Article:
Thursday 31 October 2013

Clank,'s six-bottle discount time!

What is that clanking noise? It is the sound of the indulgent wine drinker, rushing to enjoy the current supermarket discounts off six or more bottles of wine.

You know when supermarkets are running one of these sporadic offers, “25% off any six bottles”, because you will be passed in the street by someone bent almost double, arms like a baboon, clanking like Ernie the milkman. Me.

The sound of clanking has a particular resonance in the world of wine. In the days before security constraints, the clanking of bottles was the soundtrack of the airport departure lounge. People were always lugging back multiple bottles of cheap plonk they had bought on their holiday, ignoring suggestions that “it won’t travel” with a determined “Yes it bloody well will!” They would then struggle to stuff into the overhead locker a barrel bag containing half a dozen bottles of wine, all going in different directions like cats in a sack.

Nowadays, the clanking is the sound of multiple purchase, which has to be disguised when you get back from the shops. You can try the CJ tactic, of calling out as he arrives home, “I got some more olive oil…!” But it’s what we in the drinking game call a bit of a giveaway.

I presume that when it comes to these six-bottle offers the supermarkets are imagining one of two scenarios. Perhaps you will have the wine delivered – but I have written before of my problems with wine deliveries, which invariably come when I am either out or in the toilet. Or perhaps you are simply going to add half a dozen bottles of wine to your trolley of weekly shopping. This is really not advisable when my spouse is pushing said trolley. If you think there are arguments over HS2…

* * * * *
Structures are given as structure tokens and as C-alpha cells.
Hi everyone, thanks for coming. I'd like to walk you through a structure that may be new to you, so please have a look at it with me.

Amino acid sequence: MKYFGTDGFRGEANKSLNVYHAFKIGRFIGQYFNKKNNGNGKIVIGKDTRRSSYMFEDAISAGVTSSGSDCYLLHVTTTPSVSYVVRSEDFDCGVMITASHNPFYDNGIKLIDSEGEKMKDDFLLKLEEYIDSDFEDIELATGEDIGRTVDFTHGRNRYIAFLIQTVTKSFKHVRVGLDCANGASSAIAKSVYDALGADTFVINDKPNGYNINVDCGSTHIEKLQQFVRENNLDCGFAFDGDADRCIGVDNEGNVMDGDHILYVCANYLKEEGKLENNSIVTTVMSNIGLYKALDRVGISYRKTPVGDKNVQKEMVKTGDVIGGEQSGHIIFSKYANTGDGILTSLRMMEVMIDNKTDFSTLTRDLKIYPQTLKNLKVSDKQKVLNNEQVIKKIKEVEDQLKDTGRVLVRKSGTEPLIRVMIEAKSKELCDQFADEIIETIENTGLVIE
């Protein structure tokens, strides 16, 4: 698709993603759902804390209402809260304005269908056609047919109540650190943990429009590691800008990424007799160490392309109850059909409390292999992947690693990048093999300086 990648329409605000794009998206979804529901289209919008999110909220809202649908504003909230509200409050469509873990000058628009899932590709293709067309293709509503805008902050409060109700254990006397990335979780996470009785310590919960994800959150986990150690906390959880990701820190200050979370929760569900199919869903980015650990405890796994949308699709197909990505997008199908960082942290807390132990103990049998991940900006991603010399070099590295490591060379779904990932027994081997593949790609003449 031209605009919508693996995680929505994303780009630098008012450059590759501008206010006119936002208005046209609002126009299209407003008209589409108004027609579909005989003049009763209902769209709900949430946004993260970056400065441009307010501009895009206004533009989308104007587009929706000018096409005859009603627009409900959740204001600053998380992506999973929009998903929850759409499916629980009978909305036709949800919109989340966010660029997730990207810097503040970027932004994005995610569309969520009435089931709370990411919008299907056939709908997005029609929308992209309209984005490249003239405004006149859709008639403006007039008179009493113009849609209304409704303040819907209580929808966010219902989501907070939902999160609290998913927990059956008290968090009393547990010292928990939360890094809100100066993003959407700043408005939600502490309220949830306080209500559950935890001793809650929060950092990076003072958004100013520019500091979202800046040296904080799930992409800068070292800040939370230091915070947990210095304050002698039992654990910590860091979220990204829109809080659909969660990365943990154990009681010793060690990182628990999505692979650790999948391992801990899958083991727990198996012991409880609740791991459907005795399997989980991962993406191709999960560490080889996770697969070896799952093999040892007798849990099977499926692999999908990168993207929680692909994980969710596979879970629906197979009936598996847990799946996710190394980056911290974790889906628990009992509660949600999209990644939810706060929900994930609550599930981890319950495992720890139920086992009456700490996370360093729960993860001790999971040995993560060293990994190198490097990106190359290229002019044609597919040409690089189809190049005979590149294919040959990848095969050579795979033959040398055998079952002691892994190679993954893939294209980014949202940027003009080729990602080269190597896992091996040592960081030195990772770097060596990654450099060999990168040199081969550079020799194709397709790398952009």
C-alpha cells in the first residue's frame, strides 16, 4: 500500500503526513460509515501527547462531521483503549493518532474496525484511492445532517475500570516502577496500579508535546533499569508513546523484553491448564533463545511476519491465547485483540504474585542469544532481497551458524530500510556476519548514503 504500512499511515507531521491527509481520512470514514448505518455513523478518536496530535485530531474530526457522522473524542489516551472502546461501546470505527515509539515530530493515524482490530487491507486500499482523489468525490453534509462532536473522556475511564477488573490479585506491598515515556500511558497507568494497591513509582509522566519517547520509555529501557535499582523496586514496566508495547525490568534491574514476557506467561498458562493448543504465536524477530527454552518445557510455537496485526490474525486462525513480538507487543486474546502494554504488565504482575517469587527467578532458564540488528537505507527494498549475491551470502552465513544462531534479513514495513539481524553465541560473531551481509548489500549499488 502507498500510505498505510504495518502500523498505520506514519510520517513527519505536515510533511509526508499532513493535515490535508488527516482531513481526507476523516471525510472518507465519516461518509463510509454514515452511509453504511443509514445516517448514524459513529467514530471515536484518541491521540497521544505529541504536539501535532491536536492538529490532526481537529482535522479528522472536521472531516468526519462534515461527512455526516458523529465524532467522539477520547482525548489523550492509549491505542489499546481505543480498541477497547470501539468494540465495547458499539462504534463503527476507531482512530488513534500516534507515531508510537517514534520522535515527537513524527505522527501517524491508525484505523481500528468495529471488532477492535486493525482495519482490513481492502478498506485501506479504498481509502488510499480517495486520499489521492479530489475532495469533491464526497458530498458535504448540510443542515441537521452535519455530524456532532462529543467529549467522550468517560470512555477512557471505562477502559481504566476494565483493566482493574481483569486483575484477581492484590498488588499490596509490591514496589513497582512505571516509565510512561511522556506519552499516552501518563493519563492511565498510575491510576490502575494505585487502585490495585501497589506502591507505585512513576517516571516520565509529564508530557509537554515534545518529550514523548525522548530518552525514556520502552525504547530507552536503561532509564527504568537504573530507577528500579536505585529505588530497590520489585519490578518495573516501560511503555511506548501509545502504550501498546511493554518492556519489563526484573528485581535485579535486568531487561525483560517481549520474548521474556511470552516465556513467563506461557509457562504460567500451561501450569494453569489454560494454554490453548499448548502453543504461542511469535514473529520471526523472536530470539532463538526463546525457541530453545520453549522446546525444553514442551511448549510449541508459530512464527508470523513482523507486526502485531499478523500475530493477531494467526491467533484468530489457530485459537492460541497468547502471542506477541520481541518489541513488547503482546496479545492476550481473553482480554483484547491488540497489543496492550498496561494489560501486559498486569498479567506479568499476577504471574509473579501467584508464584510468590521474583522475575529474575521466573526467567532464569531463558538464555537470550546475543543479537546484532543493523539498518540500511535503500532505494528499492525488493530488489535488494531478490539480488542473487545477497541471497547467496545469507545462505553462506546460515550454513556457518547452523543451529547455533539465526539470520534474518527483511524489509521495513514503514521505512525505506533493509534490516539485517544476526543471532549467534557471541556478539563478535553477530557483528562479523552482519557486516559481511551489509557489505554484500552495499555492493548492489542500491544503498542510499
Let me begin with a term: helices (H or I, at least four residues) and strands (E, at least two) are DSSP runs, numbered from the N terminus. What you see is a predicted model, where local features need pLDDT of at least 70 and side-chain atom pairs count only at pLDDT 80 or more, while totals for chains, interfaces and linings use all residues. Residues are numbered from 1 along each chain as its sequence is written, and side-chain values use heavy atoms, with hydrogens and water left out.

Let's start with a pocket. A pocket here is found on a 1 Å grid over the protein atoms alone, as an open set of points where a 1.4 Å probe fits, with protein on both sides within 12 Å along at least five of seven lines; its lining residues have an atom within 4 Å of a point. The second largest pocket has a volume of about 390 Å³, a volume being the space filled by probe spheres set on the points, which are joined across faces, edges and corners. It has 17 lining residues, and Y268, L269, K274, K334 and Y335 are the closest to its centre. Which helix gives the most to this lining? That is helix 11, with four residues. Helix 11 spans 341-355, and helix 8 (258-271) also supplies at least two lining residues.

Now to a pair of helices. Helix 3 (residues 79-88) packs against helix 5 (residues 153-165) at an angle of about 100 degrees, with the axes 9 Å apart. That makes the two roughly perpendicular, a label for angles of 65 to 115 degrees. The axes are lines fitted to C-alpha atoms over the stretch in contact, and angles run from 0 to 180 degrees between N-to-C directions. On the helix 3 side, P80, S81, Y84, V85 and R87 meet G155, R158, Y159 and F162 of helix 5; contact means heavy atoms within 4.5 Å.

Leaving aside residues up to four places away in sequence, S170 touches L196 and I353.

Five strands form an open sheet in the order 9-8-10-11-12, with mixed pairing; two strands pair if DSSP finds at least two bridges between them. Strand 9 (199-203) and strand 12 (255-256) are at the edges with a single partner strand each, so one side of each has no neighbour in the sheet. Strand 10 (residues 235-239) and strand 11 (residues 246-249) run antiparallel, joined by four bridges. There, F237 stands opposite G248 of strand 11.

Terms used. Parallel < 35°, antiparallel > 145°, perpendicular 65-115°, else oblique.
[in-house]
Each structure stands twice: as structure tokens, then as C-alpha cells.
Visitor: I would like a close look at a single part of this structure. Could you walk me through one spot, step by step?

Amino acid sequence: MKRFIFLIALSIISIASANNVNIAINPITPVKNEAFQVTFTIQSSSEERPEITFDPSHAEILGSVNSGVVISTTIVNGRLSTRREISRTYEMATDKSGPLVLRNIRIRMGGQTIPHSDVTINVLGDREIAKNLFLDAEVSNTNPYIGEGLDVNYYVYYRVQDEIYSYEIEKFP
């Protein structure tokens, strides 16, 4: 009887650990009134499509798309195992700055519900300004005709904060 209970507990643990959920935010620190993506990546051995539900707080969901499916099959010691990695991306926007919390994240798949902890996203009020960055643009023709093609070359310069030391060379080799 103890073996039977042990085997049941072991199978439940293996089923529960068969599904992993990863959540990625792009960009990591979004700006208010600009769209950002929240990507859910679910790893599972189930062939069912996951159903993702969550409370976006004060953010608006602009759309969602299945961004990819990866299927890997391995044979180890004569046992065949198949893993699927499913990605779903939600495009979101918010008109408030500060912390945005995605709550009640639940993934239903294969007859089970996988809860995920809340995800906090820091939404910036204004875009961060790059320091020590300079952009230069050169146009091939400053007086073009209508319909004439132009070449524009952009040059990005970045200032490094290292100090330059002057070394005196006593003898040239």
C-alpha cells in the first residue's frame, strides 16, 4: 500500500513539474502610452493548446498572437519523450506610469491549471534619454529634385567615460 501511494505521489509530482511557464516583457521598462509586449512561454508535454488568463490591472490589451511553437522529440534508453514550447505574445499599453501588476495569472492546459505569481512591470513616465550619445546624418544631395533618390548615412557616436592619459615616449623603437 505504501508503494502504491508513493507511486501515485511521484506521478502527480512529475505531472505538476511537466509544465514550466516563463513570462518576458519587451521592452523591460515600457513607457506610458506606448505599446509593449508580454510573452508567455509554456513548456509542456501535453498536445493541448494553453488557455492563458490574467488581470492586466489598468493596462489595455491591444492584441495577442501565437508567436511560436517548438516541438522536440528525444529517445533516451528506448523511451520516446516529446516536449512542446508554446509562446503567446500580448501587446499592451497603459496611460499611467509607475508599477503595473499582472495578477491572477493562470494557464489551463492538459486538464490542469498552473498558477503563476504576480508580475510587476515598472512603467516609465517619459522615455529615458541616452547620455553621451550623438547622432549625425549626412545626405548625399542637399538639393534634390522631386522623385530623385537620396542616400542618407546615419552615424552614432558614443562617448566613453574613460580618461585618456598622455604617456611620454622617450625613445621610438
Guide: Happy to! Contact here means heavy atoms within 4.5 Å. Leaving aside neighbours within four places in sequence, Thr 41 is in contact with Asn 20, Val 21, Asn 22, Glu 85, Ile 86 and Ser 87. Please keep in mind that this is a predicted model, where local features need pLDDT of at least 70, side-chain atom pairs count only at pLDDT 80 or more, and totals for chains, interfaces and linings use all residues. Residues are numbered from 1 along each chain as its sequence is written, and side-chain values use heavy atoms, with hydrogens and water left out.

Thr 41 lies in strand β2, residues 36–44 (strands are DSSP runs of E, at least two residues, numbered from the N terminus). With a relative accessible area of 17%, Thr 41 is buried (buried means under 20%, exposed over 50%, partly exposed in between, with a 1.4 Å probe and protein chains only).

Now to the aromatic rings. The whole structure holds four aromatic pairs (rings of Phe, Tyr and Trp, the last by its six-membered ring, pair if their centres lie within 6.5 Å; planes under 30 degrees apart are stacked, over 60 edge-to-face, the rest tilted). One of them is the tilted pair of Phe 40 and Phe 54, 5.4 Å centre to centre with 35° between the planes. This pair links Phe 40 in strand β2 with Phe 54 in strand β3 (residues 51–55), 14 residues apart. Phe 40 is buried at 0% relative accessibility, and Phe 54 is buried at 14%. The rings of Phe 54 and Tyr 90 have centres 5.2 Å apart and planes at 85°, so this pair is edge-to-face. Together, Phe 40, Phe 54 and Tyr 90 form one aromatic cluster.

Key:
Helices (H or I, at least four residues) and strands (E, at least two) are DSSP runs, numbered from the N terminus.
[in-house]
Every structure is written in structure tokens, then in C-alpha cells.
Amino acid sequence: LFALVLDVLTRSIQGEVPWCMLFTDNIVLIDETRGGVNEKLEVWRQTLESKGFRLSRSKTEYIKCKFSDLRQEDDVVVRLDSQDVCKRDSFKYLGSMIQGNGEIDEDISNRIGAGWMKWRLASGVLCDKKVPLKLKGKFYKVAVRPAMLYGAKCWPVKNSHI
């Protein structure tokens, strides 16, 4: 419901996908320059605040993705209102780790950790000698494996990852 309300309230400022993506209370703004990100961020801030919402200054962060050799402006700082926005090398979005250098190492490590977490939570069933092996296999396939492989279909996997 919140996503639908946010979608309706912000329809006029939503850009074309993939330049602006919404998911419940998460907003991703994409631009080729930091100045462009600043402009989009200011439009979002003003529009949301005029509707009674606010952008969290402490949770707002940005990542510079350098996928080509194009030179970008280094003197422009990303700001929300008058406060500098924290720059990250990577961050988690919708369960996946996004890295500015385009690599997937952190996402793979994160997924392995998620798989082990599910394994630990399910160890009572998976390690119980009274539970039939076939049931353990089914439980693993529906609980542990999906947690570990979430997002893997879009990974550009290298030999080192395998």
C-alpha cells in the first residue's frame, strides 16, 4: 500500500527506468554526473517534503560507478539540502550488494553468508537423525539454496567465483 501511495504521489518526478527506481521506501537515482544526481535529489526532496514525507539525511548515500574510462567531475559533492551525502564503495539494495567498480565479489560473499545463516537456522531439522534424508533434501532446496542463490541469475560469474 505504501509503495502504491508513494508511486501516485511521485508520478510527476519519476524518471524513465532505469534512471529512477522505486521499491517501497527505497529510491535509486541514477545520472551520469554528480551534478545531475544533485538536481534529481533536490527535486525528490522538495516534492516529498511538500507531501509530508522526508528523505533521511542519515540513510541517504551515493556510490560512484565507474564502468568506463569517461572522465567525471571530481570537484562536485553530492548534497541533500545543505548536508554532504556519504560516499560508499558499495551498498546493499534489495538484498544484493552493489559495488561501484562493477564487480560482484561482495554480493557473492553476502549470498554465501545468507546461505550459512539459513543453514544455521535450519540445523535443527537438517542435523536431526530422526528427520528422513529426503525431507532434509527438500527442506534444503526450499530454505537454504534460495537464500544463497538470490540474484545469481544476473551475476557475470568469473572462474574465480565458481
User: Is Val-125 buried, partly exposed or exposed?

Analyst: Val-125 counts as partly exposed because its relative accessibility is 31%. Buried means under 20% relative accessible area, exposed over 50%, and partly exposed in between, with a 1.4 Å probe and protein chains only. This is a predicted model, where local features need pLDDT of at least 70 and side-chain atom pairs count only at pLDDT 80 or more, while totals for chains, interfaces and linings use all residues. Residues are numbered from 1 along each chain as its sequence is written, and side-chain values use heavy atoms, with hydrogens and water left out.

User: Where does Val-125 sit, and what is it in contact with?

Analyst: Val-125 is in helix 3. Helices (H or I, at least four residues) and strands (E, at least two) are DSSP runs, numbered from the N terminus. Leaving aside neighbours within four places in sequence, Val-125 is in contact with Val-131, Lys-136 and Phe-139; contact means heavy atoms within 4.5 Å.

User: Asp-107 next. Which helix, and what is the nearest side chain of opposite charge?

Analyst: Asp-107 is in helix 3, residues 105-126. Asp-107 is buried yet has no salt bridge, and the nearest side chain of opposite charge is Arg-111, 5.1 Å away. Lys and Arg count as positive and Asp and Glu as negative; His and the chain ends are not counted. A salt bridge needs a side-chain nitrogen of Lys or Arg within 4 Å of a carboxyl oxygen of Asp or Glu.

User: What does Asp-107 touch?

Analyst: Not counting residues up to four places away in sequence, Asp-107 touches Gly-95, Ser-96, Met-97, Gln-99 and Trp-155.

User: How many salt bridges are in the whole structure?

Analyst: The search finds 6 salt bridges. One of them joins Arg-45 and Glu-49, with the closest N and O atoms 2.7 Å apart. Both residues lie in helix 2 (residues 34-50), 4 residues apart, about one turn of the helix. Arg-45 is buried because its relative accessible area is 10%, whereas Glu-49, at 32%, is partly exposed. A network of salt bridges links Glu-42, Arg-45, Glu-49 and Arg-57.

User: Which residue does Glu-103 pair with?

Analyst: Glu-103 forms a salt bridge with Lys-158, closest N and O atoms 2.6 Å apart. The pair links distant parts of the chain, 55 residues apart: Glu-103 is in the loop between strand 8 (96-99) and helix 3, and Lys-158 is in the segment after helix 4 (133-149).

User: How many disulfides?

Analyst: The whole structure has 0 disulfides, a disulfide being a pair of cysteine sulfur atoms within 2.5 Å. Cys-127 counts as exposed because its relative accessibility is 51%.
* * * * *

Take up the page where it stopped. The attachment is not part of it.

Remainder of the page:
So I set off solo to Sainsbury’s on a quiet afternoon to benefit from their offer. Now, you can’t really stride back up the High Road with a case of six bottles under your arm. It’s that bit too heavy, and that bit too big, and a cumbersome shape to carry as well. And you look like a looter.

But if you unload it into shopping bags, it clanks and clonks as you walk home, announcing to everyone that you buy your booze several bottles at a time. 

Oh yes, we know it’s going into the cellar to drink over weeks and months ahead, but it sounds to everyone else as if you consume in such quantity that you just had to buy half a dozen bottles, there and then. If it was for a special occasion, they think, you would have made a special trip – in your car. Plus, of course, as the sound is not muffled, you have clearly bought nothing else. No, to them this is obviously just profligate personal consumption, bought impulsively by a pedestrian.

So this time, I thought I would take and employ the very clever carrier pictured above. This has little compartments to hold six bottles – separately, and silently. It’s made out of recycled bin liners or something, and is as tough as old boots. In fact, it may even be recycled old boots. But as you see, it bears the Majestic logo.

Which is doubly embarrassing. First, because I had to stand at a Sainsbury’s checkout loading up a Majestic carrier like some kind of turncoat. The looks! Coming in here when the 25% offer's on…This whole reusable bag thing is all very well, until you try loading one up in a rival shop. 

And then, I had to walk up the High Road, looking like the kind of idiot who would go shopping at a wine warehouse like Majestic without a car. It’s one thing to be overcome with self-indulgence at a supermarket, and emerge with half a dozen bottles of wine when you only went in for a loaf. We’ve all done that. Surely.

But to go to a wine warehouse, which has a minimum purchase of six bottles, without a car? What, you visited Majestic absentmindedly, and suddenly felt you’d forgotten something…spectacles?…credit card?…ah, car!!

Anyway, I finally struggled home on foot from Sainsbury’s, lugging my six bottles – silently. Since you ask, I got a lovely mature Chianti Classico Riserva – Marchese Antinori 2008; fruity,smooth and with that lovely smoky, toffee edge which only age can bring. From their Fine Wine selection, with 25% off an already reduced price. Even though it sounds like something which footballers are caught doing in hotel rooms, I believe this is called a “double dip”. As they say, job’s a good’un.